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Embracing solutions such as WMS provide manufacturers with a competitive advantage as they look to recruit the next wave of talent, as well as retain them, as they continue to grow, and upskill.
The manufacturing industry entered 2023 amidst continued uncertainty. Ongoing challenges, including inflation, skills gaps, recalls, and hybrid-work adjustments continue to persist. The effects of market turbulence are particularly felt by manufacturers, as they continually search for solutions that bolster resilience and streamline efficiency. Leveraging technologies that ease the burden of supply chain disruptions is vital in navigating the future confidently.
The challenges that manufacturers are facing this year may be here for the long haul. This is most prominently seen when it comes to labor shortages and inflation impacts on recalls. According to a report by Deloitte, 2.1 million manufacturing jobs could remain unfilled between now and 2030. Additionally, the report reveals that, in its survey of over 800 U.S. manufacturers, 36% believe it is harder to secure the right talent today than it was in 2018. When you couple these factors with rising inflation and material costs, process and product quality are sure to suffer.
Analysis done by Sedgwick has found that by the end of 2022’s Q3, 1.22 billion units were involved in recalls across the five industries tracked in the index, breaking the previous record of 1.20 billion. The increase is due largely to recall unit size for the pharmaceutical and medical device industries – which increased by more than 500%. Spikes have largely been driven by the combination of a lack of skilled labor entering the workforce and outdated siloed practices. These practices increase the likelihood of a costly error that can ruin reputation, sales and, eventually, a manufacturers bottom-line.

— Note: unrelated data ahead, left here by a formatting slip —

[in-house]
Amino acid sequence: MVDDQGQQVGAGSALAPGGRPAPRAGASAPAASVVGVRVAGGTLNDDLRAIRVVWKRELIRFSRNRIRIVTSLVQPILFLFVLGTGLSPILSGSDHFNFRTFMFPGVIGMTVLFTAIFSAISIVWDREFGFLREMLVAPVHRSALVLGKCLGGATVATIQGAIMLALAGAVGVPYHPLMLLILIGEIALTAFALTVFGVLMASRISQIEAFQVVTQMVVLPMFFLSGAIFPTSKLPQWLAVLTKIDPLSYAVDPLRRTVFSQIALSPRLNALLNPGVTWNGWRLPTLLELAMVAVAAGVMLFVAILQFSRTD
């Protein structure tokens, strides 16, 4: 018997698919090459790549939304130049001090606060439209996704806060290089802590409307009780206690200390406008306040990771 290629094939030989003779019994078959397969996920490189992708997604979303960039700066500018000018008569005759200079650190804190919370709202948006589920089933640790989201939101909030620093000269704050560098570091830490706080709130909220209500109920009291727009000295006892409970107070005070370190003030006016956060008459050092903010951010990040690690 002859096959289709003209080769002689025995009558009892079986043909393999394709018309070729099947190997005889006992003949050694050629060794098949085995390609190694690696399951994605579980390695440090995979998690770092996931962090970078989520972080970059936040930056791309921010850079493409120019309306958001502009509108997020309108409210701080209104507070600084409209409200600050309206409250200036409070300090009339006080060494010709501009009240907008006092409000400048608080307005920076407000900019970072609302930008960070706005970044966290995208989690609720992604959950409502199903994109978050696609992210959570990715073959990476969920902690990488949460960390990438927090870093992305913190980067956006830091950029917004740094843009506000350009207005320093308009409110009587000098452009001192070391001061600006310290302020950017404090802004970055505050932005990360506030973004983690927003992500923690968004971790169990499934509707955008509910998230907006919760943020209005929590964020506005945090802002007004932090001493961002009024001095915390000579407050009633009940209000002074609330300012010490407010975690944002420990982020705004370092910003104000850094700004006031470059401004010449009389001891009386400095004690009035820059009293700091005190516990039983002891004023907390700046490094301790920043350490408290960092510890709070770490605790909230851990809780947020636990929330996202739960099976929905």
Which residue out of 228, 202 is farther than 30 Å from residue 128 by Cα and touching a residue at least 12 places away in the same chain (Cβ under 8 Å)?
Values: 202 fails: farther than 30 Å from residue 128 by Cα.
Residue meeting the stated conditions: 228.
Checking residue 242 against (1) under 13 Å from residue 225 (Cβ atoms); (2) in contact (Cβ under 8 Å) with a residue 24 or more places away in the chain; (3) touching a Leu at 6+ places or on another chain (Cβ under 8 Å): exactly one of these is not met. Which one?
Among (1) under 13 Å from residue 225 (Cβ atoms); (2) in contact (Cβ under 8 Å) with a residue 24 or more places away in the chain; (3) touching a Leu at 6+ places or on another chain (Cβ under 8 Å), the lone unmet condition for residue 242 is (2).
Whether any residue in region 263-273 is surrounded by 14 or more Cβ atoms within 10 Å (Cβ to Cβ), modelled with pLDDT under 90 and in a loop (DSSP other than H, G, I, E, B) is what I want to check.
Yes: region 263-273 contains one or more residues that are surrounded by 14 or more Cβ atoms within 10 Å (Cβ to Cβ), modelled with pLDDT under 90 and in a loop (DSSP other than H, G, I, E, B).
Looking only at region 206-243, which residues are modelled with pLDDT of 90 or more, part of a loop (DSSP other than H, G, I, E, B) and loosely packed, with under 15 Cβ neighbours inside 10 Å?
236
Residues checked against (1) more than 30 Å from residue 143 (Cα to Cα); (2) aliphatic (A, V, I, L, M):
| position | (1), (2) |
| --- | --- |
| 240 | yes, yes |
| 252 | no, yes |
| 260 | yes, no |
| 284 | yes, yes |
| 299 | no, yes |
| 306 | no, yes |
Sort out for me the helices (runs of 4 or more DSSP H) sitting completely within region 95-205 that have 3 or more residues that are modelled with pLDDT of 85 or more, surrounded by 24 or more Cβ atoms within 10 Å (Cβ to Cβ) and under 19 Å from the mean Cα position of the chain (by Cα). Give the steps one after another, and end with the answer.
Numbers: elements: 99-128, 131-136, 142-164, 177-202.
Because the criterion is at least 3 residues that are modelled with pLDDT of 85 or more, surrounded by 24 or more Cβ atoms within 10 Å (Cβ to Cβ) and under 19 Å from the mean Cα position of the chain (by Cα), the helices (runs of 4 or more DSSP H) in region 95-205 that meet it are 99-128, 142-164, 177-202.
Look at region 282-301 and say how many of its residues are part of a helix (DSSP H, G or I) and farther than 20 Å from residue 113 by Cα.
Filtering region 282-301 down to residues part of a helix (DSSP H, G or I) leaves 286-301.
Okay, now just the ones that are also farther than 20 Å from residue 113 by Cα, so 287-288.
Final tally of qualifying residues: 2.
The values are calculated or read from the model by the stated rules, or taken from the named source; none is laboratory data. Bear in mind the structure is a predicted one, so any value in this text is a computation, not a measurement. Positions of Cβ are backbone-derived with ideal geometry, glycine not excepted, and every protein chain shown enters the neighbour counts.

With rapidly shifting and unpredictable times both at present and on the horizon, effective, full-scale visibility and quality control infrastructures are more critical than ever. Embracing integrated technologies eases the burden on staff and adds layers of checks and balances. With the right processes, manufacturers can ensure consistent quality control standards, meet regulatory requirements and fulfill demand – even amidst unpredictable schedules and labor shortages.
Technology enables manufacturers to fight back against disruption and stabilize their workflows despite internal and external challenges. Warehouse Management Systems (WMS) manage the operations of a warehouse or distribution center for inbound, outbound, and inventory management processes. WMS track finished goods and raw materials throughout their entire journey within a facility – from the moment inventory is received and weighed, through when it gets quality control tested and added to production, finished, stored and shipped out the door. With increased emphasis on visibility and quality control, WMS reduces risk from raw materials to shipping finished products.